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Edstrom Small Animal Watering

Small Animal Automated Watering Catalog Cover
Q: What are the components of an Automated Watering System for Small Animals?
A: The three main components are:
  1. Drinking Valve
  2. Distribution Piping
  3. Water Supply

Q: Which drinking valve should I choose, Original or Vari-Flo?
A: That depends on what species of animal you have and its size. The Vari-Flo Valve is smaller and is ideal for small animals like gerbils and hamsters because it is easier to activate. The Original Valve is slightly larger and appropriate for larger gnawing animals. We also have special drinking valves available for guinea pigs and parrots, and cup waterers for domestic fowl.

*Please refer to chart to determine which valve is best for your Small Animal.

Guinea Pig





Guinea Pig  


Sugar Glider  

Note: The drinking valves marked for each of the animals (except guinea pig) are the preferred valve choice, but it is possible to use either the Original or Vari-Flo valve.

Q: How do the drinking valves work?
A: To drink, animals simply move the stainless steel stem by biting or licking, releasing water. When the animal releases the end of the stem, the elasticity of the silicone rubber diaphragm located behind the stem head pushes the head back to the closed position, stopping the flow of water.

Q: What size of flex-tubing should I choose?
A: First determine the length of the cage rows. Flexible black tubing works well for cage rows up to 100 feet long. The 3/16" Flex-Tubing is designed for a cage run up to 50 feet long, and the 5/16" Flex-Tubing is designed for a cage run up to 100 feet long. The larger tube becomes necessary as the length of the cage rows increases to supply the proper amount of water pressure. All 5/16" systems also require 3/16" tubing for the short lengths extending down from the Tee Barbed Fitting to the drinking valve.
Important: When buying 3/16" or 5/16" Flex-Tubing, you must also buy the same size Fitting Barbed Tee, Tubing Stand-Off, Drain-Vent, and Shut-off Valve. For example, if you want 3/16" Flex-Tubing, then the items mentioned above must also be 3/16".

The Flex-Tube system is easy to assemble-the tubing is cut with a pair of scissors and pushed onto the Tee Barbed Fittings. The tubing may be susceptible to abuse from animals and birds; however, the Tubing Stand-Offs are designed to prevent this. Furthermore, abuse of the tubing is mainly associated with large birds. The rigid PVC pipe system is designed for cage rows up to 200 feet long. It can withstand abuse from the animal such as chewing, but may be more challenging for beginners to assemble. The pipe must be cut and glued together and must be measured exactly due to its inflexibility.

Q: What water supply should I choose?
A: You have three options to choose from:

  • The Storage Tank is ideal for a small setup, and is refilled every day manually. It is also easy to medicate animals/birds with the Storage Tank.
  • The Float Tank is connected to a water supply and automatically refills. This system is ideal for a slightly larger setup. Animals can be medicated by turning off the main water supply, and operating it as a storage tank.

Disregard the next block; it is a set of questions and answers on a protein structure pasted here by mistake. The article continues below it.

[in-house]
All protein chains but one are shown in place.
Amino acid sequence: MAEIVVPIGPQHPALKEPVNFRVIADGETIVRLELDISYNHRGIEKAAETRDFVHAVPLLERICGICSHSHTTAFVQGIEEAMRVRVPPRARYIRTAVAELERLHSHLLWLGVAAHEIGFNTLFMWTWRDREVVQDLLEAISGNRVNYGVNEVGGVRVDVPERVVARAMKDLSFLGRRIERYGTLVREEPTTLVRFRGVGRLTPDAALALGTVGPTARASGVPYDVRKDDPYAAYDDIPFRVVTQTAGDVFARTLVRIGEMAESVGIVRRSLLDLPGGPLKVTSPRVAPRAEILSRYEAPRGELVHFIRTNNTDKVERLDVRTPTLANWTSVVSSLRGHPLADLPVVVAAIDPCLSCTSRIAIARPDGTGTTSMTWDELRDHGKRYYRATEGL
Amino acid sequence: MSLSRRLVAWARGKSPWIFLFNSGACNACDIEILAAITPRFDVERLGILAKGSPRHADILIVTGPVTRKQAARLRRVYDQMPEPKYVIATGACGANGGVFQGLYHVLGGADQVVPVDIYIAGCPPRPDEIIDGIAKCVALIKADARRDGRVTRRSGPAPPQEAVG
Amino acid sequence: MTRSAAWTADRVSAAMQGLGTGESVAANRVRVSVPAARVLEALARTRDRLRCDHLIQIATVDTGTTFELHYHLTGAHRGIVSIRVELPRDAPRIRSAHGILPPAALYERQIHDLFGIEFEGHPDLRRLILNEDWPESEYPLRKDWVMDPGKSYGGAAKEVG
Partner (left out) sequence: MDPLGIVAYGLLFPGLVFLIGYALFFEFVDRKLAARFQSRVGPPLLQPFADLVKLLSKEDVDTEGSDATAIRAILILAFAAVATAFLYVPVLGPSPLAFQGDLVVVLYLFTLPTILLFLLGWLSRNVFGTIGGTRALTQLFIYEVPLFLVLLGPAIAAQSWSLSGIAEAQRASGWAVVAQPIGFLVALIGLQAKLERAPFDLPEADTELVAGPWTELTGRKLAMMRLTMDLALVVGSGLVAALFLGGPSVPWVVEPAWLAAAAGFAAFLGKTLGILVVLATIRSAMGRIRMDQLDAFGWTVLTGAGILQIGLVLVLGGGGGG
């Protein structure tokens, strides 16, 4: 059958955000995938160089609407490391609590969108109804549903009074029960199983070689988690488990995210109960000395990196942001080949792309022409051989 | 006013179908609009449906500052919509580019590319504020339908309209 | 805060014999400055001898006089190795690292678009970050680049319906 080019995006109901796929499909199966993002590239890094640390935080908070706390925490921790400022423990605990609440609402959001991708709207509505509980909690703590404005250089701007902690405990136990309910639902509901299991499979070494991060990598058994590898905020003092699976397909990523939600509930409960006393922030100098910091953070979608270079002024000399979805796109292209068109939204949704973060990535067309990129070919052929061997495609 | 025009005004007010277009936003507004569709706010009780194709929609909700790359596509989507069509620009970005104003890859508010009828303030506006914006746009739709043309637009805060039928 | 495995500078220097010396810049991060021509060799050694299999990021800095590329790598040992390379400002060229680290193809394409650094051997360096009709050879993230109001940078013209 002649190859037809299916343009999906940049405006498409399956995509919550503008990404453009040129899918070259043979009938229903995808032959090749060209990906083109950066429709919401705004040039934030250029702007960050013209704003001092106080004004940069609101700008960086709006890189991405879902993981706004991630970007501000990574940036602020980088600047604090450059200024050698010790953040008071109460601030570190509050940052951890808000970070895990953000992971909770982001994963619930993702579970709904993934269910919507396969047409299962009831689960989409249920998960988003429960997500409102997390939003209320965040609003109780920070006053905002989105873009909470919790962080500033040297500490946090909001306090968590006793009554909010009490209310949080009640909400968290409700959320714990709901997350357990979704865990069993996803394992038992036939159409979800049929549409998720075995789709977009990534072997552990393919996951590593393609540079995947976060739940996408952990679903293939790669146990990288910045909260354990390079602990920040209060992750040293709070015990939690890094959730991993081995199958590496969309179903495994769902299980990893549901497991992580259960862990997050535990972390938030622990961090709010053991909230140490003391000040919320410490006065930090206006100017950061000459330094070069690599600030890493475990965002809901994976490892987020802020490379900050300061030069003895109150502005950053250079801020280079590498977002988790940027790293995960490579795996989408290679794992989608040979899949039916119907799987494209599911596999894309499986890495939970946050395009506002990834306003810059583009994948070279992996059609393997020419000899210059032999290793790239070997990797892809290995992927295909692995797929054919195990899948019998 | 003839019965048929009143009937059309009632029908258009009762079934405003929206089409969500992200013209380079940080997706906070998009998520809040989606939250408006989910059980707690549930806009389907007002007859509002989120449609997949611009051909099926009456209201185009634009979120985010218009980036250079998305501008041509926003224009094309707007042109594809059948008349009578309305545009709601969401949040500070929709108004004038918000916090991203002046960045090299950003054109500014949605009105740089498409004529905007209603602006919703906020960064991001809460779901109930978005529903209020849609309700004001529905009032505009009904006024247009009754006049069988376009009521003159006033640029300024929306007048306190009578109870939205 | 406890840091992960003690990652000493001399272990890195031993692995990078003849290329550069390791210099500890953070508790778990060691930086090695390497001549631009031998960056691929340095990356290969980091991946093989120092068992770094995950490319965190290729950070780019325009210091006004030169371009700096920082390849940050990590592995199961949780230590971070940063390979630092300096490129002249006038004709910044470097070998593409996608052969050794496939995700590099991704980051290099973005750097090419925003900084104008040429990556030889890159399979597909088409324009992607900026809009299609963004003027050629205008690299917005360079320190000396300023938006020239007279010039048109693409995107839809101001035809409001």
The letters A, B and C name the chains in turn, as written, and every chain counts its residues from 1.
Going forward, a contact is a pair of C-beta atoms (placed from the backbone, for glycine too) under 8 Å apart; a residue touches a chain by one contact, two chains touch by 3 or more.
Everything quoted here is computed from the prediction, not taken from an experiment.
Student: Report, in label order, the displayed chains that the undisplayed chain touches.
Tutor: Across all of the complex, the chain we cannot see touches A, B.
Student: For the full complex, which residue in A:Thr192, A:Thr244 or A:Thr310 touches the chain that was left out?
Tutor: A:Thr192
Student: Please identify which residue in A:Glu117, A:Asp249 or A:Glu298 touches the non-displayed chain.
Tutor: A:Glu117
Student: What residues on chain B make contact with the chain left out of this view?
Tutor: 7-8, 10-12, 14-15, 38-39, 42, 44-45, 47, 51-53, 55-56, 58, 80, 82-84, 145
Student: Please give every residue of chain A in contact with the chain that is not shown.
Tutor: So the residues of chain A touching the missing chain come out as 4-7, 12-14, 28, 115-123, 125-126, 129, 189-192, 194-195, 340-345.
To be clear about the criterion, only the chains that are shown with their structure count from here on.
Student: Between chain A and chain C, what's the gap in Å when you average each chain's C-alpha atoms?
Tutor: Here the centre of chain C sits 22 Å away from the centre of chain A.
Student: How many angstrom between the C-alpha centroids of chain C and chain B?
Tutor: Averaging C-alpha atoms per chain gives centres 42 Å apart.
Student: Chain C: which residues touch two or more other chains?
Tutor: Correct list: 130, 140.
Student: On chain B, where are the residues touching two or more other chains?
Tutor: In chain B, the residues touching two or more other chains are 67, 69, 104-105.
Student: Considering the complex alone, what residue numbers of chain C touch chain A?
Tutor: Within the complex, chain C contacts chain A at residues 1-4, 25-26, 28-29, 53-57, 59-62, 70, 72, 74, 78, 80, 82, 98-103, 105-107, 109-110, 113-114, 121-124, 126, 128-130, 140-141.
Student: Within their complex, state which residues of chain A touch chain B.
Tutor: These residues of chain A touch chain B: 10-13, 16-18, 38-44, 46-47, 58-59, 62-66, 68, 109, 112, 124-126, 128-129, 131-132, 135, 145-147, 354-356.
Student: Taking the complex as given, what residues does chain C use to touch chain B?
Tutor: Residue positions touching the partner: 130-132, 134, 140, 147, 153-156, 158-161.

• The Pressure Regulator connects directly to a water supply resulting in no tanks to monitor and fill. However, if you need to medicate, the pressure regulator must be disconnected and a Storage Tank temporarily installed.

Q: Can I use my own storage tank?
A: Yes. If you wish to use a larger tank for the water reservoir, the Tank Connector can be attached to it. You will need to drill an 11/16" diameter hole in the side of the tank, approximately 3/4" above the bottom.

Q: What other pieces do I need?
A: To complete your system you will need:

  • Valve Clips: used to hook the drinking valve onto the cage.
  • Tee Barbed Fittings: they connect the Flex-Tubing that runs horizontally along the row of cages, and also connect the short length to the drinking valve.
  • Tubing Stand-Offs: they keep the Flex-Tubing at a safe distance from the cage.
  • Drain-Vent: used at the end of each line to permit easy flushing of the line for sanitization.

Q: How many valves should I supply for a certain number of animals?
A: Typically, you should supply one valve per cage. If keeping many animals in a single pen, you may need more.

Q: Do I need a Filter?
A: It is recommended because it keeps the water clean and keeps the water supply equipment in good condition. It can be used with either a pressure regulator or a float tank.

Q: Should I buy one Tubing Stand-Off per cage?
A: Install one Stand-Off at each tee connector and one every 18 for additional support. Do not space Stand-Offs further than 18" apart.

Q: Do I need a Shut-Off Valve?
A: It is recommended because it allows you to turn off the water supply for an individual line if not in use. Remember to drain any lines that will not be in use for long periods of time.

Q: What is the maximum number of drinking valves I can use with the different water supply systems?
A: The maximum number for a gravity supply tank is 75 drinking valves, and 600 drinking valves for a pressure regulator.

Q: How do animals learn to drink from the drinking valve?
A: Animals can sense water and will learn how to drink from the valve quickly by playing with it. If your animal seems to have difficulty, remove all other water sources, and activate the valve allowing a drop of water to hang from the valve. The animal will discover this and quickly learn that the valve is the source for fresh, clean water.

Q: How do I put my watering sytem together?
A: Installation is easy. Check out our installation overview.

Download our Automated Watering Systems for Small Animals & Birds Catalog.